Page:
Redskins.com's Andrew Walker breaks down the key players and matchups to keep an eye on during Sunday's Redskins-Cardinals 2014 Week 6 showdown at University of Phoenix Stadium.
"Redskins-Cardinals: 4 Keys To The Game" is presented by Papa John's. Every Monday, fans can order a large cheese pizza for only $9.99, plus for each touchdown that the Redskins score, fans get one free topping. And with a Redskins victory, fans get double the toppings.
](http://www.papajohns.com/) One of the more overlooked aspects of any football game – until it becomes a major issue – is a team's starting field position. Against the defending champion Seattle Seahawks on Monday, the Redskins struggled mightily in this area, constantly putting themselves behind the 8-ball throughout the contest in their 27-17 loss.
Against Seattle, the Redskins, on average, began their 12 drives from their own 17-yard line, including drives that started from their own 10, 1, 8 and 9. The team's first 11 drives, meanwhile, began, on average, from their own 15.
Seattle's offense, however, often found itself with prime field position against the Washington defense Monday night. On average, the Seahawks began their 12 drives from their own 35, including drives that began from their 43, 47, 44, 40, 47 and the 50.
Some of that was by design, however, as Gruden said the Redskins decided to play keep-away from talented Seattle returner Percy Harvin, and also had an unsuccessful onside kick attempt.
The Redskins on Sunday once again will be facing off against a very talented returner in Ted Ginn Jr., who has already returned a punt for a touchdown this season, and is obviously always a threat on kickoffs. The Cardinals will also see the return of punter Drew Butler, who is replacing veteran Dave Zastudil, who was placed on injured reserve on Tuesday with an injury to his left groin. Butler has already seen a little action this season, and the Redskins will likely be pinning their ears back every time he goes back to punt: he's been blocked and deflected once each already.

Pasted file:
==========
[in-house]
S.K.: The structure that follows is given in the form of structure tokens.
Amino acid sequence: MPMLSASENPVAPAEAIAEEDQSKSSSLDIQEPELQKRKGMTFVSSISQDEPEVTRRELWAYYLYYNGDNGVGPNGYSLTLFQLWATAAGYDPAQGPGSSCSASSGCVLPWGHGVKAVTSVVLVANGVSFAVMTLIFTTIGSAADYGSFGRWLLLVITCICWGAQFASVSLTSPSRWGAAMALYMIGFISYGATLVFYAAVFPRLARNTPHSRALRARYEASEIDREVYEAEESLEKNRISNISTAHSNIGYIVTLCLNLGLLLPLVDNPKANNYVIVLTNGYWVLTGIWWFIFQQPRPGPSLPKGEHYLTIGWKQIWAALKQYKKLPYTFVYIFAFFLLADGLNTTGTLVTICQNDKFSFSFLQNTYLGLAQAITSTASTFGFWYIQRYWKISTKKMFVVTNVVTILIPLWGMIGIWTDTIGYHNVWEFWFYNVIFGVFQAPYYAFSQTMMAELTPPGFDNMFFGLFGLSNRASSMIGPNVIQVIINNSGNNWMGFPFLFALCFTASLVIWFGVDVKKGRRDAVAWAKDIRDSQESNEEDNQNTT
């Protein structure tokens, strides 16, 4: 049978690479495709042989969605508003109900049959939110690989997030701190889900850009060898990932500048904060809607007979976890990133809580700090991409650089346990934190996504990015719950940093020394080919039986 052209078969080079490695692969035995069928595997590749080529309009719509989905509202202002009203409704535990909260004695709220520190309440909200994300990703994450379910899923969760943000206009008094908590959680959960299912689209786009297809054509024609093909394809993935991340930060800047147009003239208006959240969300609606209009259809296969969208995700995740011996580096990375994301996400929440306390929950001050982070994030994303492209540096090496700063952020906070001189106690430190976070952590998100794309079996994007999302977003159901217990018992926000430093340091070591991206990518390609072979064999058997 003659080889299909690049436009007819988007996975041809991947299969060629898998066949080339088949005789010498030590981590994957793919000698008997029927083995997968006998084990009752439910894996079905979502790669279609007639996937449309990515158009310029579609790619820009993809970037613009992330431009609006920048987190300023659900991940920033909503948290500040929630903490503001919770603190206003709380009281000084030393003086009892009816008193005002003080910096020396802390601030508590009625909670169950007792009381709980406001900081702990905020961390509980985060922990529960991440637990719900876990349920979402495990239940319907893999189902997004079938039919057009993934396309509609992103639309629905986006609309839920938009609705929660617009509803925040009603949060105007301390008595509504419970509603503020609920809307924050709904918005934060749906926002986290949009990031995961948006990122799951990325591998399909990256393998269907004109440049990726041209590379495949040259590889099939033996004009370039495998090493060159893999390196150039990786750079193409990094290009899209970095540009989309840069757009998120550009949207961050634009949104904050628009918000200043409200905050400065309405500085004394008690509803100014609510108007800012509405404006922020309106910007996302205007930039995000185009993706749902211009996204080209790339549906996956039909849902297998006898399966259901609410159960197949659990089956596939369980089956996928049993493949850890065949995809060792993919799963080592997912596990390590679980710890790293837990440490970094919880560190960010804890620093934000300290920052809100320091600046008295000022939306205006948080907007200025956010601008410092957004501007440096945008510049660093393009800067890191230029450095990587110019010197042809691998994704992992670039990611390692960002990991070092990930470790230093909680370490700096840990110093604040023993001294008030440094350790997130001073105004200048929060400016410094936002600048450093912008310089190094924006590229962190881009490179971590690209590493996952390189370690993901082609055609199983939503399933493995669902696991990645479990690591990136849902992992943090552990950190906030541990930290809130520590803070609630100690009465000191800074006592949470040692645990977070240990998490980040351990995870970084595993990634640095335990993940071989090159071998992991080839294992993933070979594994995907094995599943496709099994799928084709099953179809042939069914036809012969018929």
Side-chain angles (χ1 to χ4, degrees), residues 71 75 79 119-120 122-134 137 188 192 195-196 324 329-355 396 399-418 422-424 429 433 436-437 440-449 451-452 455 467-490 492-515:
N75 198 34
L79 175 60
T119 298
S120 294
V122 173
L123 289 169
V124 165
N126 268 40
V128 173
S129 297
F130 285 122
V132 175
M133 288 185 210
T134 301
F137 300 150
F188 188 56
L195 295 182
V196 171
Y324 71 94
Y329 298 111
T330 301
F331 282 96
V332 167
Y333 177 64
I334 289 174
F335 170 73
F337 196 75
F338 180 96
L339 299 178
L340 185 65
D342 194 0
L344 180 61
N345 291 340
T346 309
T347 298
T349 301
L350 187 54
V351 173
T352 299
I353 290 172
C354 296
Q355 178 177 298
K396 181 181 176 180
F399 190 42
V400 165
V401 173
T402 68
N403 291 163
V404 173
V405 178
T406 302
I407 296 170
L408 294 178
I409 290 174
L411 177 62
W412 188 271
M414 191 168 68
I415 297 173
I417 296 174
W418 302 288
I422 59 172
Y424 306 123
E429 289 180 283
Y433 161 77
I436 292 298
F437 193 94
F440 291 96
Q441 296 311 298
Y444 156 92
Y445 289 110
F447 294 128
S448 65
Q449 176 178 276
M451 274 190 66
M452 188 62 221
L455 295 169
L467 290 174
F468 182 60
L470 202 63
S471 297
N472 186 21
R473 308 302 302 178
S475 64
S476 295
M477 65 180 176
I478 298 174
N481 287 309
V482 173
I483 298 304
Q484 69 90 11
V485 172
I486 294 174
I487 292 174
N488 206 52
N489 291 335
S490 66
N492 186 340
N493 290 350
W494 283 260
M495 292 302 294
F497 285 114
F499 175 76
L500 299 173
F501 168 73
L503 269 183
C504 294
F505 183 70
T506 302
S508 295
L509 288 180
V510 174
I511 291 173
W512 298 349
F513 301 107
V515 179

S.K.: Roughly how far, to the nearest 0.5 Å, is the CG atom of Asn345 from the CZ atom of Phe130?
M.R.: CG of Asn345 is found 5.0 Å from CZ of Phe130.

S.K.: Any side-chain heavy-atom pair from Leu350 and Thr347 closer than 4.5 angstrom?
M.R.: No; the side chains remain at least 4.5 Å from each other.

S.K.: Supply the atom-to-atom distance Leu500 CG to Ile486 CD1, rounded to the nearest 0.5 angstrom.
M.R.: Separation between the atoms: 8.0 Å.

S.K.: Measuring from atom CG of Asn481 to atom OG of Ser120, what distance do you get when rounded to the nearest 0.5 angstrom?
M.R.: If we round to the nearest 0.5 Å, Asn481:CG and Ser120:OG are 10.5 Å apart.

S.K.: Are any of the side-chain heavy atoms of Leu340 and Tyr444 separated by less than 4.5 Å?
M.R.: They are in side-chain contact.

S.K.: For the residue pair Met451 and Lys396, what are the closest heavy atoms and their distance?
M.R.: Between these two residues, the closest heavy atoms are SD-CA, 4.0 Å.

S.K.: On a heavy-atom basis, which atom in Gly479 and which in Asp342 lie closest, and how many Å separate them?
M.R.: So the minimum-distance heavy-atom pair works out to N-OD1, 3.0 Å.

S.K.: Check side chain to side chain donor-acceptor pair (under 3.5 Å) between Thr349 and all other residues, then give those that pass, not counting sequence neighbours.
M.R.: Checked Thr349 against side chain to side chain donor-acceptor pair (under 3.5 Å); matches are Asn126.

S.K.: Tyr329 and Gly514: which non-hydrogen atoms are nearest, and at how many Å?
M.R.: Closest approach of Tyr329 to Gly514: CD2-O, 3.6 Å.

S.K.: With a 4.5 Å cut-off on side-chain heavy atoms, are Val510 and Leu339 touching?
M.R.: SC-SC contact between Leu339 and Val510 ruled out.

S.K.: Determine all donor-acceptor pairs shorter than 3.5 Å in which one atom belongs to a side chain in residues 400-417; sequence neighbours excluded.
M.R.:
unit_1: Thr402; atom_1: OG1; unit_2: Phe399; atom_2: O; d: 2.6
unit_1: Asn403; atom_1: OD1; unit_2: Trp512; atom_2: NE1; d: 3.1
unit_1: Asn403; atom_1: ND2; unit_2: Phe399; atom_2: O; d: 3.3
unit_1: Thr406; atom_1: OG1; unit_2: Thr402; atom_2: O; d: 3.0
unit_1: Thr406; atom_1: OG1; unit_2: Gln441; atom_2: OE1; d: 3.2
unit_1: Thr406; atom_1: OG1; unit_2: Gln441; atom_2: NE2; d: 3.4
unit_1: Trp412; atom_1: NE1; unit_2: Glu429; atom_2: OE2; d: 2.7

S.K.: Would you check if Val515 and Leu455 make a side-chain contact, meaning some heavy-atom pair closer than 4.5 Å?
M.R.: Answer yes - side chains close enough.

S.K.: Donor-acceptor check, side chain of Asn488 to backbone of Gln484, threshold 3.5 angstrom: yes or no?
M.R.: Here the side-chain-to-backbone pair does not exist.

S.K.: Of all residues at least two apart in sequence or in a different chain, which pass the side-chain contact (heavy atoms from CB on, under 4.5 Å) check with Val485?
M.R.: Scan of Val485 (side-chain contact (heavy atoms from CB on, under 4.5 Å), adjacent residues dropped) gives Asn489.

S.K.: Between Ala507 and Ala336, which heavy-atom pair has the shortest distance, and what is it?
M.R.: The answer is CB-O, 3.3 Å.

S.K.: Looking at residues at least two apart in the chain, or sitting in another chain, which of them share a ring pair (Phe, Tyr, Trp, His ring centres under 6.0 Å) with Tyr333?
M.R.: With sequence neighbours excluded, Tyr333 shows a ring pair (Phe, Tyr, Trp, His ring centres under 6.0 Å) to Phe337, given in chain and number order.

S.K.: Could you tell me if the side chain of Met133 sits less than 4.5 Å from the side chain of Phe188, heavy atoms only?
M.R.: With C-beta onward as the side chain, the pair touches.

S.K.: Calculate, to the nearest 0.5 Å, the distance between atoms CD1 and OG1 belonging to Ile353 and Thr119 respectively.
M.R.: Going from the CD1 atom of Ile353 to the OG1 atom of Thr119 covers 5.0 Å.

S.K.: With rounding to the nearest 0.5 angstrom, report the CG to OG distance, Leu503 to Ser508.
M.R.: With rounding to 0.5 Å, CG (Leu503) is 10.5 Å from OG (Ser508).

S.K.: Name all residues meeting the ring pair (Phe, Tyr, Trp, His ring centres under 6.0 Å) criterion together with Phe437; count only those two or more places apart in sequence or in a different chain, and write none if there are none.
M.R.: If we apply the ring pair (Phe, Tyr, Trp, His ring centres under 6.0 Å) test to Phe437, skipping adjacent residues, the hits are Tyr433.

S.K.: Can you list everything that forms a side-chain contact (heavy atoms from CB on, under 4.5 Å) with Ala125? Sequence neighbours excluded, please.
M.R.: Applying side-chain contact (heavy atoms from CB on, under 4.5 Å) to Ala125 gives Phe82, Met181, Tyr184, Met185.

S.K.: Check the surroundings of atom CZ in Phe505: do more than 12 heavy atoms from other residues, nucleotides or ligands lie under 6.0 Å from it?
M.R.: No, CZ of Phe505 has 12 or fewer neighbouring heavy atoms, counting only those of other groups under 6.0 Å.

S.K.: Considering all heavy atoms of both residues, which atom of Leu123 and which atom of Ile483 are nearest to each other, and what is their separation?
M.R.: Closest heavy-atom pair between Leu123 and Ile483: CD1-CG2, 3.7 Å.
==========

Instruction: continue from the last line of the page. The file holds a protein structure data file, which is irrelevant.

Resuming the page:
ATTACK THE CORNERS
The Cardinals certainly have two extremely talented cornerbacks in Patrick Peterson and Antonio Cromartie, but the team's entire secondary had a historically-bad off day Sunday against the Broncos in Denver.
The Cardinals allowed 568 yards to the potent Broncos offense, the most yards they've allowed since 1973. Future Hall of Fame quarterback Peyton Manning tossed four touchdown passes, two of which went to wide receiver Demaryius Thomas, who had eight catches for a team-record 226 yards on the day.
You know Redskins quarterback Kirk Cousins this week is paying close attention to the Broncos-Cardinals game film to see how he can also exploit the matchups the Redskins have against the Cardinals' secondary. Against the elite "Legion Of Boom" Seattle secondary on Monday, Cousins wasn't afraid to go deep with the Seahawks loading the box. On two passes alone to wide receiver DeSean Jackson, Cousins gained almost 120 total yards going over the top, one of which resulting in a 60-yard touchdown.
Then there's Redskins wide receiver Pierre Garçon, who led the league in catches in 2013. But after catching just two passes for 23 yards against the Seahawks, you've got to believe Garçon is due for a big day against the Cardinals. He'll be running with a little something extra in his step to ensure he gets open on Sunday.